How Brands on a Budget Can Make a Difference With Philanthropy

It's been a privilege to see how some of the biggest and best-known foundations in the world leveraged their strong reputations, well-known principals and impressive annual budgets to make an impact.

Organizations like the Bill & Melinda Gates Foundation aren’t just helping to end extreme poverty—they serve as thought leaders and conveners on the issues they prioritize. It’s difficult to think about polio without calling to mind images of Bill Gates and the incredible work the Gates Foundation team has done to eradicate this disease.

Frankly, they make it look easy. It’s not. It’s difficult for brands to have their corporate philanthropy and foundation dollars influence issues that they care about most.

Challenges of Modest Budgets

There are unique challenges that companies with more modest budgets face with regard to philanthropy. For example, the “2018 Giving in Numbers” report from the Conference Board and Chief Executives for Corporate Purpose demonstrates that median corporate giving was just.13 percent of revenue in 2017.

Clearly, an annual philanthropy budget of a few hundred thousand to a few million dollars may not yield the same social impact and attract the media attention the big players achieve; however, it can provide your company with strategic opportunities to create shared value.

Here are three ways that companies with smaller philanthropy budgets can make a real difference and get a meaningful reputational lift from their corporate giving programs.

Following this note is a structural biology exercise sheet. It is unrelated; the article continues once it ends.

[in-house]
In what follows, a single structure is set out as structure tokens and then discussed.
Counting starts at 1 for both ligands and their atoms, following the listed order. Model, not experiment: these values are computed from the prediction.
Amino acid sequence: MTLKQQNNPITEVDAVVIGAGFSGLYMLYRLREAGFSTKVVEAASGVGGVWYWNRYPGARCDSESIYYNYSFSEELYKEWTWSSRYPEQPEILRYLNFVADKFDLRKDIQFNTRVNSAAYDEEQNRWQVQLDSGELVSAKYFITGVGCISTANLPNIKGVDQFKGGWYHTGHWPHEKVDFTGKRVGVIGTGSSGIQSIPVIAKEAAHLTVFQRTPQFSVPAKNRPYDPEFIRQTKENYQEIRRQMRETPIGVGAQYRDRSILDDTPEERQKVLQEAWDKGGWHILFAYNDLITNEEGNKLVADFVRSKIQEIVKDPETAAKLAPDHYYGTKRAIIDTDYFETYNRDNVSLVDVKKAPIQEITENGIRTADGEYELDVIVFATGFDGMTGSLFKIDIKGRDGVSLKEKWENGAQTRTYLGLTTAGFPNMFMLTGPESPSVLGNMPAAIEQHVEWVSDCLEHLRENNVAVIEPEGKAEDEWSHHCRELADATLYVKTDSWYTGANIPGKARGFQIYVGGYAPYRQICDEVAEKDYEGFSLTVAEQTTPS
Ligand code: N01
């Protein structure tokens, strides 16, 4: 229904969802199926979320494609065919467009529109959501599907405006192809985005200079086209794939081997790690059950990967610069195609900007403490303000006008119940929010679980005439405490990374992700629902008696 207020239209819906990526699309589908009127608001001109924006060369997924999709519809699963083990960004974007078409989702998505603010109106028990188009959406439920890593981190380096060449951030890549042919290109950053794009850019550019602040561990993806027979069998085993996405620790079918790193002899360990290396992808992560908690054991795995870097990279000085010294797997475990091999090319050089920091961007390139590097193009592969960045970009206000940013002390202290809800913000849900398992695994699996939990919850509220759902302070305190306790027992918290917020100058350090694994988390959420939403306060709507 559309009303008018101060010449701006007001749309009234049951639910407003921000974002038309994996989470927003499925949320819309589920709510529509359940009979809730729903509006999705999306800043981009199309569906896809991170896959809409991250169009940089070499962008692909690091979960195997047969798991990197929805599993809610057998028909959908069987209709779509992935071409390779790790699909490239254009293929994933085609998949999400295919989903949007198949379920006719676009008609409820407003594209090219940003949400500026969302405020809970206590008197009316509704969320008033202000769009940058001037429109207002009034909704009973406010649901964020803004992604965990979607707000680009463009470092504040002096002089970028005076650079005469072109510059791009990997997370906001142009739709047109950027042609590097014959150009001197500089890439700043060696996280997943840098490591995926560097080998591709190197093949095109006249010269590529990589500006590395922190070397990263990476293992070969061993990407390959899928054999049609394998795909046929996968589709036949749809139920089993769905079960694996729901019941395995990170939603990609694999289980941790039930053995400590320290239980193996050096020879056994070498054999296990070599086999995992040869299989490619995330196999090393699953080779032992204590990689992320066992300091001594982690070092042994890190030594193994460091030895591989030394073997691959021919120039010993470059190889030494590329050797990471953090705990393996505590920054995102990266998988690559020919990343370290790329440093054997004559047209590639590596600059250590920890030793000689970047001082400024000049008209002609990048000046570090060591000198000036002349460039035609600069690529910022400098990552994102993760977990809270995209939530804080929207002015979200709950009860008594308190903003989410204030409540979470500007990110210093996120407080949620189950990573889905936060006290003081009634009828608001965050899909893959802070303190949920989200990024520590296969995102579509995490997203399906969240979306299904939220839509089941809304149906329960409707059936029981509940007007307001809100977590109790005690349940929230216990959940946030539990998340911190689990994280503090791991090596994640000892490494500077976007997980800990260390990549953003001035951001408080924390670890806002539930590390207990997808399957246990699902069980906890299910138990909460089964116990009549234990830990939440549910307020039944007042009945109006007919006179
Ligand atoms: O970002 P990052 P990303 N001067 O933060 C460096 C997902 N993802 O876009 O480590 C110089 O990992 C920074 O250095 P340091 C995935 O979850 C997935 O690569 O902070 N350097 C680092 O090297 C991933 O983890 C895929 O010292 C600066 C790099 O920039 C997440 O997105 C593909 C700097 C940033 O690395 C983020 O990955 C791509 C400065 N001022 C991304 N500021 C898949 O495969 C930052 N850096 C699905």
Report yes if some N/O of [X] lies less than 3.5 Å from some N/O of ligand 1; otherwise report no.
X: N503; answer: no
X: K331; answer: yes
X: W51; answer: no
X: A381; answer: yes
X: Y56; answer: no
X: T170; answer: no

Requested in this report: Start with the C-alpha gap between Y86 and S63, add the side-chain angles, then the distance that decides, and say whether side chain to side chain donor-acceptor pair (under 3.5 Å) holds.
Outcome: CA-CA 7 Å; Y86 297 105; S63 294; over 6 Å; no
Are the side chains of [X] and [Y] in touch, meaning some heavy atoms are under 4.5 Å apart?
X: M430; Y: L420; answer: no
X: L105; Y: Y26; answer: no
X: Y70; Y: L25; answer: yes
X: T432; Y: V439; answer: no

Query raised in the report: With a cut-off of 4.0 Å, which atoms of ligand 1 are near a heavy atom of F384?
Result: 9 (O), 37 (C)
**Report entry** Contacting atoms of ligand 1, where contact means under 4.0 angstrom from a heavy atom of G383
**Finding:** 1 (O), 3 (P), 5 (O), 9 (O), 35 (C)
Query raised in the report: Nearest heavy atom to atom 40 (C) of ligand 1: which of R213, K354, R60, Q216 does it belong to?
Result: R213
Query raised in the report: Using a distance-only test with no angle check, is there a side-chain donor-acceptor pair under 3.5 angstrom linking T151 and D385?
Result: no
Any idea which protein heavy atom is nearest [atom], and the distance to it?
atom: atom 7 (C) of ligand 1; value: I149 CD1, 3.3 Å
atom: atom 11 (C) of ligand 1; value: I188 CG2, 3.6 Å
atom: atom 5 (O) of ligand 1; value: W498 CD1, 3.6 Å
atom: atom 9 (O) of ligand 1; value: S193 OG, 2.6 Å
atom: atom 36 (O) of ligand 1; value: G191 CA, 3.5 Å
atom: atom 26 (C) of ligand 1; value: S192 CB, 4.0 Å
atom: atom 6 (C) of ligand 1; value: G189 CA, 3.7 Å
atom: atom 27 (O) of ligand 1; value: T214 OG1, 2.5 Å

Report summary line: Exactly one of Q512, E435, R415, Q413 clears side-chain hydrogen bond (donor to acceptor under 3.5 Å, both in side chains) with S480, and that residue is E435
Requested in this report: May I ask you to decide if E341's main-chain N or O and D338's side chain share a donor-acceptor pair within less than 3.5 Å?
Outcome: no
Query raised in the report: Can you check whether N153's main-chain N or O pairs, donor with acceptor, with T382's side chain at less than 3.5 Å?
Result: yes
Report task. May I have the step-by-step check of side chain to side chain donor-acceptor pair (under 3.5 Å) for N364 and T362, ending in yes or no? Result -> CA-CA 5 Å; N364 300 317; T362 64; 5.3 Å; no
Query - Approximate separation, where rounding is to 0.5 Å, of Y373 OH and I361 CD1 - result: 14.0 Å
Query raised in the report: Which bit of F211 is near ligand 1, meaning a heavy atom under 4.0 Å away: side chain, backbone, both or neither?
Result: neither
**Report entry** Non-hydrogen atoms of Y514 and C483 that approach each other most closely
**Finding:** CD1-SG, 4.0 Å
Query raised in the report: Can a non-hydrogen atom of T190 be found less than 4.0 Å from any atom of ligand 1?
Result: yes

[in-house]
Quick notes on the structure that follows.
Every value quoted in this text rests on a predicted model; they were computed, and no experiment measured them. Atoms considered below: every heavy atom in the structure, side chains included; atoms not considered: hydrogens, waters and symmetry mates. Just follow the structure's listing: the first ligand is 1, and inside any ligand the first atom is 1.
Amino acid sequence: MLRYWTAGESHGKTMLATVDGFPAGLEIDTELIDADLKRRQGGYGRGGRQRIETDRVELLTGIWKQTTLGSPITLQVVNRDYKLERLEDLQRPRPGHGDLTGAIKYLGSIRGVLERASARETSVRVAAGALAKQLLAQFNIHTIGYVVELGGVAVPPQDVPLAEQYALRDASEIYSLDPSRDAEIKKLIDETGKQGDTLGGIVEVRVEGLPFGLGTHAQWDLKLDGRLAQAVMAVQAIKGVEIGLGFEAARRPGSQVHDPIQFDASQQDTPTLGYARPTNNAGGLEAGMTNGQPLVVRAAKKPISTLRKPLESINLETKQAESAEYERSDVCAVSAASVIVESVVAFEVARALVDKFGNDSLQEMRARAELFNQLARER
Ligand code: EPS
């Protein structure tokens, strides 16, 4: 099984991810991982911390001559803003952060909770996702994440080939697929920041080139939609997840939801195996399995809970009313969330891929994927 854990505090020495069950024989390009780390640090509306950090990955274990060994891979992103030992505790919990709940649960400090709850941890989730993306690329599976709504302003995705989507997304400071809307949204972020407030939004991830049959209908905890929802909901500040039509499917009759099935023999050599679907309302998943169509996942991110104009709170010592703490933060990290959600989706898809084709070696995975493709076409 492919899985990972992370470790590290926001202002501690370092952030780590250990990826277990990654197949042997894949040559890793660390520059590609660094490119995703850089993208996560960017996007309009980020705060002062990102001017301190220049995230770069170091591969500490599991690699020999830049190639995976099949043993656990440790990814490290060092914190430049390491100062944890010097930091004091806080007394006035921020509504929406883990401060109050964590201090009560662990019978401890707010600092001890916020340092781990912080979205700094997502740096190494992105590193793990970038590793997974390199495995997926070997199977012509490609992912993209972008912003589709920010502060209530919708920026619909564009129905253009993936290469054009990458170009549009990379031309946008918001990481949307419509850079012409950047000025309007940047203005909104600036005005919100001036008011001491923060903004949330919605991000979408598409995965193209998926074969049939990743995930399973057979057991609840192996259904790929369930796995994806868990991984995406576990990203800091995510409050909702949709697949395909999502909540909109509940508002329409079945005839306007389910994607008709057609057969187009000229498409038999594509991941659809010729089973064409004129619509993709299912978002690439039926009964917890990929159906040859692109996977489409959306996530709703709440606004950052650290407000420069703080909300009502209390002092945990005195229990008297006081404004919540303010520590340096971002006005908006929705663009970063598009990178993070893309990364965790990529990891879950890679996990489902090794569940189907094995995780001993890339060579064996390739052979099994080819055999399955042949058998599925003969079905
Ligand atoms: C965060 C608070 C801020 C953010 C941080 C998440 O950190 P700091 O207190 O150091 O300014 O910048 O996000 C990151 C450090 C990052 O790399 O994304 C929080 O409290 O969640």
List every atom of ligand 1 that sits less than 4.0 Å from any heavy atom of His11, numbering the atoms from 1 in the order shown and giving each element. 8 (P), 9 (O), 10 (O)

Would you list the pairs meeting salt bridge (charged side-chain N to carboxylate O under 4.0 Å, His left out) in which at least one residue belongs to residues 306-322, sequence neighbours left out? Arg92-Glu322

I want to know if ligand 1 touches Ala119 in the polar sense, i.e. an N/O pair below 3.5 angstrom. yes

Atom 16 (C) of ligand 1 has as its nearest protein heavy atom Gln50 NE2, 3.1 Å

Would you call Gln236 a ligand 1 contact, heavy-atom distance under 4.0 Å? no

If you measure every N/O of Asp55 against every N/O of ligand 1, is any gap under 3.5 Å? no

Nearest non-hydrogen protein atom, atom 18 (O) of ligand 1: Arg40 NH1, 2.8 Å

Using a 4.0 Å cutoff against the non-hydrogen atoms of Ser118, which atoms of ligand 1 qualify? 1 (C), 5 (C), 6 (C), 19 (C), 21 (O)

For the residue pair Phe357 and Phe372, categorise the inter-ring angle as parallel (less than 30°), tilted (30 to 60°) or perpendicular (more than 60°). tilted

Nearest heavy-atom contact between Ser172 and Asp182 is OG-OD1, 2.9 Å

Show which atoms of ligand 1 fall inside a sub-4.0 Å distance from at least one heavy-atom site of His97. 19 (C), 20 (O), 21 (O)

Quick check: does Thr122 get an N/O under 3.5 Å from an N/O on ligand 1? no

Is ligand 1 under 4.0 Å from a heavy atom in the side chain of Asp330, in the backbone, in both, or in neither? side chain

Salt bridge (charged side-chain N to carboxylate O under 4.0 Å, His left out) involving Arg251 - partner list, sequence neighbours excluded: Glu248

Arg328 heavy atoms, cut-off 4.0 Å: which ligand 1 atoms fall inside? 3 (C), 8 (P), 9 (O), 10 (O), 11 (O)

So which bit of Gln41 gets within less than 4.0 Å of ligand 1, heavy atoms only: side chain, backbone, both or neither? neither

Addressing Unmet Needs

The minute a natural disaster strikes, the private sector steps up with financial and in-kind contributions. In the 10 days after Hurricane Harvey hit Houston in 2017, corporate donors already had contributed more than $157 million to relief efforts. One result is that multi-million-dollar contributions frequently overshadow modest corporate gifts. These smaller gifts rarely attract much media attention.

A more strategic approach is to identify and address an unmet need. Some 70 percent of the money and resources donated after a disaster goes to immediate response efforts, according to the Center for Disaster Philanthropy.

But just 5 percent of total support goes toward extended recovery and rebuilding efforts. Long-term recovery and disaster resilience is a significant area of need. Funding these initiatives can help savvy corporations create real shared value while also creating news long after the initial media frenzy fades.

Similarly, the same principle applies to other crowded spaces. A major oil and gas company, for example, recently partnered with Catalyst, a global nonprofit working to “build workplaces that work for women.” The issue of women in the workforce has become a major focus of CEO activism, but the company identified an unmet need and invested its philanthropic dollars in engaging men in the gender equality conversation.

This led to a partnership to launch a training program to help male CEOs and employees become advocates for female colleagues. Beyond making the brand part of the conversation, this approach has allowed the company to own a unique portion of a hot topic.